Content Editing Tips for Churches

4 Practical Editing Tips for Church Content

Everyone needs to be reminded of editing tips. Why? Because the world is inundated with communication. And every person who creates the communication, believes their message is important. But that doesn’t mean the content will be consumed properly.

Communication noise is causing everyone to decide what’s important and what can be ignored. We can’t take it all in anymore! This is why the church needs editing tips. So that we give all of our communication a final edit to reduce noise. Calming messaging! And giving information without wasting people’s time.

Do you create church content? Here are 4 practical editing tips every church must practice regularly:

  1. Know who your communication is intended for. Always understand who needs your information. You may have to stereotype the group that’s receiving it. Or segment the group and communicate differently to each group. If “most” don’t need to hear it, it may be wise to communicate it differently. Or not at all. Decide why they need the content: What do they want? Are you fixing something? Giving them a new process? Avoid generalizations with content. Tell them as quickly as possible about the promise or intent of the content. And do it at the first (top) of the content. You probably also want to remind them a few times throughout the content (depending on length).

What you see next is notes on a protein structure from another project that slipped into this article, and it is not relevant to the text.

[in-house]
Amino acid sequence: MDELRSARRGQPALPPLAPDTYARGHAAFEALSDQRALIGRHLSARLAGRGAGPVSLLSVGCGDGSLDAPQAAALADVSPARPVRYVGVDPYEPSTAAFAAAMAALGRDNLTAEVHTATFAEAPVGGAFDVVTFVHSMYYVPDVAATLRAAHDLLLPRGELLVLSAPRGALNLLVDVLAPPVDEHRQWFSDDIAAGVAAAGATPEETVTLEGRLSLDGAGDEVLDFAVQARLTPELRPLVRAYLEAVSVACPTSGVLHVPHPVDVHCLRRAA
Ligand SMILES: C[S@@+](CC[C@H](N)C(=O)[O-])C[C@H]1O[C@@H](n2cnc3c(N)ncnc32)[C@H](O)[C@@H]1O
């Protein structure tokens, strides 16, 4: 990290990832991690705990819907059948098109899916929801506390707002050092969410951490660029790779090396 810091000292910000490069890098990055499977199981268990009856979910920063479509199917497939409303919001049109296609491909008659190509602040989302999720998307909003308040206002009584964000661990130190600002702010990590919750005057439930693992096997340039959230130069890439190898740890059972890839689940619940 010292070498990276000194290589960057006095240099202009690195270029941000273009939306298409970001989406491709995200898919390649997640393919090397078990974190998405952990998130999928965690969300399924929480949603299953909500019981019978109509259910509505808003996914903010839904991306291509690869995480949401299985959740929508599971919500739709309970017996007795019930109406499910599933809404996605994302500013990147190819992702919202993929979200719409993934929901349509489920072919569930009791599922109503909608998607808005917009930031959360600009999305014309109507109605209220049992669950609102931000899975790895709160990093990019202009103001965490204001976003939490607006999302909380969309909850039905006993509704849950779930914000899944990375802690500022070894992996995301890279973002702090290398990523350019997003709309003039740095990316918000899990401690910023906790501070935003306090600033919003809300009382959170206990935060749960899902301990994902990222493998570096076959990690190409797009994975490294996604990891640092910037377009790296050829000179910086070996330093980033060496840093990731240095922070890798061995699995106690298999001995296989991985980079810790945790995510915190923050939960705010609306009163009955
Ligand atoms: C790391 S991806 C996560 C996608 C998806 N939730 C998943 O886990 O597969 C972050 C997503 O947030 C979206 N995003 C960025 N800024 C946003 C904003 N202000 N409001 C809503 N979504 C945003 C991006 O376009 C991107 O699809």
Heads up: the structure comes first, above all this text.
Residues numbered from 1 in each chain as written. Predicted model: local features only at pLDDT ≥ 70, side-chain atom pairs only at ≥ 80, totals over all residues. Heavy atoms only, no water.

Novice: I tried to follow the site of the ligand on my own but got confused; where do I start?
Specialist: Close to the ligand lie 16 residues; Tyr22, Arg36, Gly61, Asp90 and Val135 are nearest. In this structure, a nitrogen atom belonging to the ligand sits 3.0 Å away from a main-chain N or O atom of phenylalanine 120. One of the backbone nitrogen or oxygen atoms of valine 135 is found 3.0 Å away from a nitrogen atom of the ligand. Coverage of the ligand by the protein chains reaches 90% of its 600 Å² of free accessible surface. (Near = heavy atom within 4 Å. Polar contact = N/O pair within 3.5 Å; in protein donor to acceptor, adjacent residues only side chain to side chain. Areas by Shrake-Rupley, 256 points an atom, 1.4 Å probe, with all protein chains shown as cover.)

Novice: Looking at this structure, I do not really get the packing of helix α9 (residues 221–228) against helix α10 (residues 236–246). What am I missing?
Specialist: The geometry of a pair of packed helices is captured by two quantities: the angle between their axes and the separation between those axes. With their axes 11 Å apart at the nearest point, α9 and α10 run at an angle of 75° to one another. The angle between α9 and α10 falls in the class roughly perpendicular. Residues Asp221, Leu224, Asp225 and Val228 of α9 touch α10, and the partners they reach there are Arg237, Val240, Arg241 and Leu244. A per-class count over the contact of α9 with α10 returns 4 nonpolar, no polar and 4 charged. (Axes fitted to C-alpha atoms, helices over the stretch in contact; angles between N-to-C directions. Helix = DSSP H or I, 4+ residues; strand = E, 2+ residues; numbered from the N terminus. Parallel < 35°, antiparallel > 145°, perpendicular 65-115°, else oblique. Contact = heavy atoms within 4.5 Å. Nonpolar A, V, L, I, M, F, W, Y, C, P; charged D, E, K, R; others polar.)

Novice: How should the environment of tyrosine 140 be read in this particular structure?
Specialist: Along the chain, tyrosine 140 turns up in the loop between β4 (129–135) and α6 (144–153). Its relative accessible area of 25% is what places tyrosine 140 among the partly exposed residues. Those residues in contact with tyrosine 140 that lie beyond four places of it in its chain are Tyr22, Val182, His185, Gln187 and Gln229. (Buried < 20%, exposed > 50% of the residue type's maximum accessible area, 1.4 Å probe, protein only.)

2. Decide one thing you want them to do. After promising a solution, lead them quickly to the requirement: the call-to-action (CTA). The more you want them to do, the less likely they’ll do any. Try as much as possible to have one. If there are secondary things you must add, do it in a secondary way. Create the hierarchy for them: they need to know what you’d like them to do primarily, then alternatives.
  3. Remove details that aren’t part of the decision. Often people creating content are thinking about all the logistics they needed to produce the content: the room it’ll happen in, the number of times it’s recurring, who’s the contact, etc. Most of those details don’t help people decide if they’ll participate. Therefore, edit the content to “benefits” and a strong CTA. Get their attention by mentioning why they need the content and provide a solution. Keep it as short as possible.
  4. Direct interested people to a regular, trusted source for details. Your church needs to have that one spot everyone can discover all the details — when needed. It must be trusted and accurate or people will resist it. Many churches used to use a printed bulletin. But now, most prefer the website. Just make sure it’s well done, edited, proofed, and the information is easy-to-find. Social media channels are an alternative to direct people. Remember, everyone has access to a website quite easily, and only a small amount has your bulletin, an app, or are on your email list. A good piece of church content (following these editing tips) needs to be in the proper website area so it’s discoverable by your community and your congregation!

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